Biogeosciences 12/2013; 10:8305-8328. · 3.75 Impact Factor
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    ABSTRACT: 1.The physiological tolerance hypothesis proposes that plant species richness is highest in warm and/or wet climates because a wider range of functional strategies can persist under such conditions. Functional diversity metrics, combined with statistical modeling, offer new ways to test whether diversity-environment relationships are consistent with this hypothesis. 2.In a classic study by R. H. Whittaker (1960), herb species richness declined from mesic (cool, moist, northerly) slopes to xeric (hot, dry, southerly) slopes. Building on this dataset, we measured four plant functional traits (plant height, specific leaf area, leaf water content and foliar C:N) and used them to calculate three functional diversity metrics (functional richness, evenness, and dispersion). We then used a structural equation model to ask if ‘functional diversity’ (modeled as the joint responses of richness, evenness, and dispersion) could explain the observed relationship of topographic climate gradients to species richness. We then repeated our model examining the functional diversity of each of the four traits individually. 3.Consistent with the physiological tolerance hypothesis, we found that functional diversity was higher in more favorable climatic conditions (mesic slopes), and that multivariate functional diversity mediated the relationship of the topographic climate gradient to plant species richness. We found similar patterns for models focusing on individual trait functional diversity of leaf water content and foliar C:N. 4.Synthesis. Our results provide trait-based support for the physiological tolerance hypothesis, suggesting that benign climates support more species because they allow for a wider range of functional strategies. This article is protected by copyright. All rights reserved.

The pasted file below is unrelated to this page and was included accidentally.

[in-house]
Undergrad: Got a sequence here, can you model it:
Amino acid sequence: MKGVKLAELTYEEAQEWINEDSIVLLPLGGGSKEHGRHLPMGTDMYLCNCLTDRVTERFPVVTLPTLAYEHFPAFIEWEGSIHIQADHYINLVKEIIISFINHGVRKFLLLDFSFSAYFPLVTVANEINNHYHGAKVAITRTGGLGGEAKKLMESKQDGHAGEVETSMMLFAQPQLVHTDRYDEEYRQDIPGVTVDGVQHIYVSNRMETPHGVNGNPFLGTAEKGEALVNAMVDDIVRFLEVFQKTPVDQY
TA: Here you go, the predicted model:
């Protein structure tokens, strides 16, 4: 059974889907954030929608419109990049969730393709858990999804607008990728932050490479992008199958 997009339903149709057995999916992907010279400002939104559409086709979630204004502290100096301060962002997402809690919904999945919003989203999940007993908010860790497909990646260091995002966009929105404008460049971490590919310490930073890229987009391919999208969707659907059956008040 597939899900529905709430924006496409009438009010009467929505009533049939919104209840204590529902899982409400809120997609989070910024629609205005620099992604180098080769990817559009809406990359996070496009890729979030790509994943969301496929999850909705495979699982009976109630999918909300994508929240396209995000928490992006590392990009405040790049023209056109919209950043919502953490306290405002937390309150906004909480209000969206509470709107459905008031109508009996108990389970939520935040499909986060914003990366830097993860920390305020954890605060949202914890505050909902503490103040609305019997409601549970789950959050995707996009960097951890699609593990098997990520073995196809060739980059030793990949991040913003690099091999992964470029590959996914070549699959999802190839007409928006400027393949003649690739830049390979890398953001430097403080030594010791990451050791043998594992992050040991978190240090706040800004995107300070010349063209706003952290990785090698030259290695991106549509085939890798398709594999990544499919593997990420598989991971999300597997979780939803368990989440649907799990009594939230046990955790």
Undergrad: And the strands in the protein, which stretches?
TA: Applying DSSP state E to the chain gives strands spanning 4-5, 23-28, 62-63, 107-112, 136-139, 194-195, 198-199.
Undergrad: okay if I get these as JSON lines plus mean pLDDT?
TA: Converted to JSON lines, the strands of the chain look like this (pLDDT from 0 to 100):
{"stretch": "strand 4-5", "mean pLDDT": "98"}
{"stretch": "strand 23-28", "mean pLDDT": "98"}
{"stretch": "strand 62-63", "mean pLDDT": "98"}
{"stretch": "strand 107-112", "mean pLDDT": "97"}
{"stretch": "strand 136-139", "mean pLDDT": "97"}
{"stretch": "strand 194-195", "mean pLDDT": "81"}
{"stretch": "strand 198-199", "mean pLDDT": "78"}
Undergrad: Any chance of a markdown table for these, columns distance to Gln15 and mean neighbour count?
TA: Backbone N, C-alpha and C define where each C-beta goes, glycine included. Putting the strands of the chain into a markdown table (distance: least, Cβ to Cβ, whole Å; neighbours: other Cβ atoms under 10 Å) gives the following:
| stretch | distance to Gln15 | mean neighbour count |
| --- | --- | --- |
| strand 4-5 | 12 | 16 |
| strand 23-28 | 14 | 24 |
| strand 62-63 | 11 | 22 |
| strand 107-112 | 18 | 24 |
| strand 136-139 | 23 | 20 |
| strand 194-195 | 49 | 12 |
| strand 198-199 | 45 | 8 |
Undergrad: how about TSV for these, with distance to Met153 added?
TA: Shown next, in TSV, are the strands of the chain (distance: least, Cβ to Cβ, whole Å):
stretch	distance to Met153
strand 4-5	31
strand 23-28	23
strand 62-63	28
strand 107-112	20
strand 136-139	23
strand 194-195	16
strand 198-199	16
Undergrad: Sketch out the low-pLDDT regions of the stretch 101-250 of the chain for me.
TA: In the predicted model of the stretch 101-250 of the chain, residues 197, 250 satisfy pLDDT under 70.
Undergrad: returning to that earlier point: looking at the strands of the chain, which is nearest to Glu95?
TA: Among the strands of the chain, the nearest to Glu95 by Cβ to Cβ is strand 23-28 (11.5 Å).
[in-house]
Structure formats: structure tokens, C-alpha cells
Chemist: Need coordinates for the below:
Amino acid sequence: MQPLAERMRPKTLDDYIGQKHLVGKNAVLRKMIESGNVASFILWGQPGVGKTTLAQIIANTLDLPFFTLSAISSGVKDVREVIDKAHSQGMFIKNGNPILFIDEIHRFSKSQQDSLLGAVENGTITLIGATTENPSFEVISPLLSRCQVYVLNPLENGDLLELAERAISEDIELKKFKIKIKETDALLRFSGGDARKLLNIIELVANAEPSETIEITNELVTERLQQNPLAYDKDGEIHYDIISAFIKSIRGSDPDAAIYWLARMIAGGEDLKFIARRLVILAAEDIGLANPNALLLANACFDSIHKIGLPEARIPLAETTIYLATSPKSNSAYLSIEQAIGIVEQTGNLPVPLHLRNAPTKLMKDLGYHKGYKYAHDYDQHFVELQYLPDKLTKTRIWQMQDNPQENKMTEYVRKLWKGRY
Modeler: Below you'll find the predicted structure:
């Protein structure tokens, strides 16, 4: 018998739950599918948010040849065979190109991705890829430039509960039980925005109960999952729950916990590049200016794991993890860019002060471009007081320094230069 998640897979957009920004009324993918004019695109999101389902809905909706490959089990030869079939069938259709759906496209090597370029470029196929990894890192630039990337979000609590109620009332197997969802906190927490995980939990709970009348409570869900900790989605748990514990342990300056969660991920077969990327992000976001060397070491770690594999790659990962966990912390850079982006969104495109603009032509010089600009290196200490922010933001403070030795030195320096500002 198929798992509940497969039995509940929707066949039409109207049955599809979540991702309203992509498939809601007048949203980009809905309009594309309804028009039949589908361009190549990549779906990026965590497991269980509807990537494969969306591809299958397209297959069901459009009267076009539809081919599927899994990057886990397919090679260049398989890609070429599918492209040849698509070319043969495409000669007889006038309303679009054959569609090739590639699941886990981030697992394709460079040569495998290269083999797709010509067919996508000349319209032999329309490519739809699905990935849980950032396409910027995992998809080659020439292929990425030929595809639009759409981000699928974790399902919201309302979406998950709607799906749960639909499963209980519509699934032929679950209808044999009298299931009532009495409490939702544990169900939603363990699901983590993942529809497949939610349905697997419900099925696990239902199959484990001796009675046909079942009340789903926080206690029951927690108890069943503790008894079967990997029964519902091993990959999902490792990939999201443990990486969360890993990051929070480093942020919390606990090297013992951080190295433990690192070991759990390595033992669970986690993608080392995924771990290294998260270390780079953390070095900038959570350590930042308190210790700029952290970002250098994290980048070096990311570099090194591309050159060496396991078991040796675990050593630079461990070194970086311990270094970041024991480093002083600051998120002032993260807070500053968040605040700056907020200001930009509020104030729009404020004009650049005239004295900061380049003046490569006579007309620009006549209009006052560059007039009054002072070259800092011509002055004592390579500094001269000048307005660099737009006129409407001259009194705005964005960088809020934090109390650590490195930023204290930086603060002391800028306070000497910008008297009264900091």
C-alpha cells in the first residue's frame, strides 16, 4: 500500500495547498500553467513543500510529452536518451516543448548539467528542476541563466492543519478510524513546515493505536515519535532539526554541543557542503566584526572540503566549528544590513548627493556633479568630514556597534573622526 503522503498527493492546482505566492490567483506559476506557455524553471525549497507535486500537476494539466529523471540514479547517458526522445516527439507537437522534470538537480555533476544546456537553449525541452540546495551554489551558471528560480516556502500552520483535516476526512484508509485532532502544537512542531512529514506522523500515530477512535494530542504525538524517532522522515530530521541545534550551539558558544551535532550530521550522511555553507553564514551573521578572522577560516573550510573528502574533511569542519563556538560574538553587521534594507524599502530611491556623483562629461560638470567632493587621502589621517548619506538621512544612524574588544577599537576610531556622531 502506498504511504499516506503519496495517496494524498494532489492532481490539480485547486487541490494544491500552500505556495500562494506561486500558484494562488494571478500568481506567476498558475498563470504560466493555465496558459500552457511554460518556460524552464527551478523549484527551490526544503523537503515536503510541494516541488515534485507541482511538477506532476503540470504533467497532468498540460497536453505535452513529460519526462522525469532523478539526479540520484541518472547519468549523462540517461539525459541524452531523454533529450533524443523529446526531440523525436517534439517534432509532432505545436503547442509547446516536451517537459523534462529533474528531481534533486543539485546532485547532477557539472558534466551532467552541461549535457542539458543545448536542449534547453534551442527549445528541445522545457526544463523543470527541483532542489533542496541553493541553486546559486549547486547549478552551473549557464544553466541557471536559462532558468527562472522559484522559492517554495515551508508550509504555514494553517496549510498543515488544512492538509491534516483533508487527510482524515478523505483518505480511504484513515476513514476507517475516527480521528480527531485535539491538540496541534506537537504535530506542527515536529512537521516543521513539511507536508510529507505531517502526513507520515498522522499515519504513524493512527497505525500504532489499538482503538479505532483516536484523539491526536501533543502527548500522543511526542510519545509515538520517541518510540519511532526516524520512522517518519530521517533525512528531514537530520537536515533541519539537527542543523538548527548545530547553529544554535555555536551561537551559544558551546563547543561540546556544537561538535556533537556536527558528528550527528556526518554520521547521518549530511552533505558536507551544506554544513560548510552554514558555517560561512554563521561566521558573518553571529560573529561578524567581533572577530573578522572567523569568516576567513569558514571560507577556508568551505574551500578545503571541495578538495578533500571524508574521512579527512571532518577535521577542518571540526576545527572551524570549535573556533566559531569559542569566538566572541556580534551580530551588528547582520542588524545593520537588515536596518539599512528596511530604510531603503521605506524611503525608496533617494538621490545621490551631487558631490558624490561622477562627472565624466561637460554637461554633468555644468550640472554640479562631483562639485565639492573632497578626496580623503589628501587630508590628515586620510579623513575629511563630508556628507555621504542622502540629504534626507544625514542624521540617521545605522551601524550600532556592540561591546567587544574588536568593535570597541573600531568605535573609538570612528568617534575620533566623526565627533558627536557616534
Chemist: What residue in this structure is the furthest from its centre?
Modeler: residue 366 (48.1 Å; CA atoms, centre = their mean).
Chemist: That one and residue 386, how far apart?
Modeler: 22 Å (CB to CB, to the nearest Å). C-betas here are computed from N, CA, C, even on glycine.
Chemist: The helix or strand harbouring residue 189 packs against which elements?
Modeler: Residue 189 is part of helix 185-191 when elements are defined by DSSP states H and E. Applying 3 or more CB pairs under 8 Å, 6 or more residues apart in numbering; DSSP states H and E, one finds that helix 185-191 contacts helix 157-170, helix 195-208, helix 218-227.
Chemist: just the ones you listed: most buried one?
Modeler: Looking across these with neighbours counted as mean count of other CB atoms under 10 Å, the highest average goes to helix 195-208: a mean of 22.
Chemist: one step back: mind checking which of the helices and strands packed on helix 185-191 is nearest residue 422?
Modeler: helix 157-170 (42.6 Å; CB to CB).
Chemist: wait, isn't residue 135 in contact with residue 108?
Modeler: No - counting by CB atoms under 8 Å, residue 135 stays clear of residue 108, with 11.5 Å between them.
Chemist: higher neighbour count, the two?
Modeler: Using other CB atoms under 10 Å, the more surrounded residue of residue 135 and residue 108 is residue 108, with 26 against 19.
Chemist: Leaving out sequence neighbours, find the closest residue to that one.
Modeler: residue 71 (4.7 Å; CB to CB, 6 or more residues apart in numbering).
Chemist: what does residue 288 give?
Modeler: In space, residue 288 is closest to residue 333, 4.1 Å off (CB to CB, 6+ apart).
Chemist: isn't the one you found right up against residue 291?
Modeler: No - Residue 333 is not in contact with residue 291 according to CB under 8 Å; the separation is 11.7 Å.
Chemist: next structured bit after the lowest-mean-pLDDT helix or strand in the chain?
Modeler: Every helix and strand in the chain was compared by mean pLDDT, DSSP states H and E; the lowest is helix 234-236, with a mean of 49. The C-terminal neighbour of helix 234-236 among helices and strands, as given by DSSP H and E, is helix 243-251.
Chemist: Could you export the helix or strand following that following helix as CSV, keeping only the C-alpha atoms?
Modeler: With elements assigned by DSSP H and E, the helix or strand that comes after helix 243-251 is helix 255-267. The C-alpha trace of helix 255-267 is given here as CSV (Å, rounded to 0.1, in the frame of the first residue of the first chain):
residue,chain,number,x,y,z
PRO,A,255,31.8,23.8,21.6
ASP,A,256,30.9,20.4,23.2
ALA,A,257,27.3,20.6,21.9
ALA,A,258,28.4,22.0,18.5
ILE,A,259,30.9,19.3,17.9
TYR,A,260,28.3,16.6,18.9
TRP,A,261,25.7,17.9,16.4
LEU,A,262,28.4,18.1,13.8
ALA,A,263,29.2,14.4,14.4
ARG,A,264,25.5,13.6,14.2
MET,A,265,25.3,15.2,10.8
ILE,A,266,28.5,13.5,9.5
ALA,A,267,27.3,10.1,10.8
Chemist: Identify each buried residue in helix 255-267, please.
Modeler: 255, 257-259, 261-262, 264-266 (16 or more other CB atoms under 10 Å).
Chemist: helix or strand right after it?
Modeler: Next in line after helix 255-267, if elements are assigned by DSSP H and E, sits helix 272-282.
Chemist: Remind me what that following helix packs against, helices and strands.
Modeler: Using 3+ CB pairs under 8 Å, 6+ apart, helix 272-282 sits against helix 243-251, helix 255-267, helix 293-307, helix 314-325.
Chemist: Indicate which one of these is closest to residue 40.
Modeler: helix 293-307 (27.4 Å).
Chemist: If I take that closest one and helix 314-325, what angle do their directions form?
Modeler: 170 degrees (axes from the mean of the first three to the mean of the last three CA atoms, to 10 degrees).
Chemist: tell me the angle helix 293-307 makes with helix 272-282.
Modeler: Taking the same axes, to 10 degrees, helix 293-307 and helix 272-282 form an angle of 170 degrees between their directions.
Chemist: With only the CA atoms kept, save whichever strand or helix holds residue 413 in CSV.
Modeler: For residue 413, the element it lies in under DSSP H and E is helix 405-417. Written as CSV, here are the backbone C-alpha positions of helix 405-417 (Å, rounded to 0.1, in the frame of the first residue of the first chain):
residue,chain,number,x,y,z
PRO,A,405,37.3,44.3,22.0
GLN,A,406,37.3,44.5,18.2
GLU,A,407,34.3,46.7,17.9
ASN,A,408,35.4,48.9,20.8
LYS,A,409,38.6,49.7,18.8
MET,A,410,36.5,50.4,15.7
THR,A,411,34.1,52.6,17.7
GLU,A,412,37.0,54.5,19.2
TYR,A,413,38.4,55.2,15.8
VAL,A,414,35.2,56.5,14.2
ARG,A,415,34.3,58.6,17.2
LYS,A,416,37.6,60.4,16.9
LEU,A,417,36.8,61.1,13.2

Journal of Ecology 12/2013; · 5.69 Impact Factor
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    ABSTRACT: Spatially distinct communities can arise through interactions and feedbacks between abiotic and biotic factors. We suggest that, for plants, patches of infertile soils such as serpentine may support more distinct communities from those in the surrounding non-serpentine matrix in regions where the climate is more productive (i.e., warmer and/or wetter). Where both soil fertility and climatic productivity are high, communities may be dominated by plants with fast-growing functional traits, whereas where either soils or climate impose low productivity, species with stress-tolerant functional traits may predominate. As a result, both species and functional composition may show higher dissimilarity between patch and matrix in productive climates. This pattern may be reinforced by positive feedbacks, in which higher plant growth under favorable climate and soil conditions leads to higher soil fertility, further enhancing plant growth. For 96 pairs of sites across a 200-km latitudinal gradient in California, we found that the species and functional dissimilarities between communities on infertile serpentine and fertile non-serpentine soils were higher in more productive (wetter) regions. Woody species had more stress-tolerant functional traits on serpentine than non-serpentine soil, and as rainfall increased, woody species functional composition changed toward fast-growing traits on non-serpentine, but not on serpentine soils. Soil organic matter increased with rainfall, but only on non-serpentine soils, and the difference in organic matter between soils was positively correlated with plant community dissimilarity. These results illustrate a novel mechanism wherein climatic productivity is associated with higher species, functional, and landscape-level dissimilarity (beta diversity).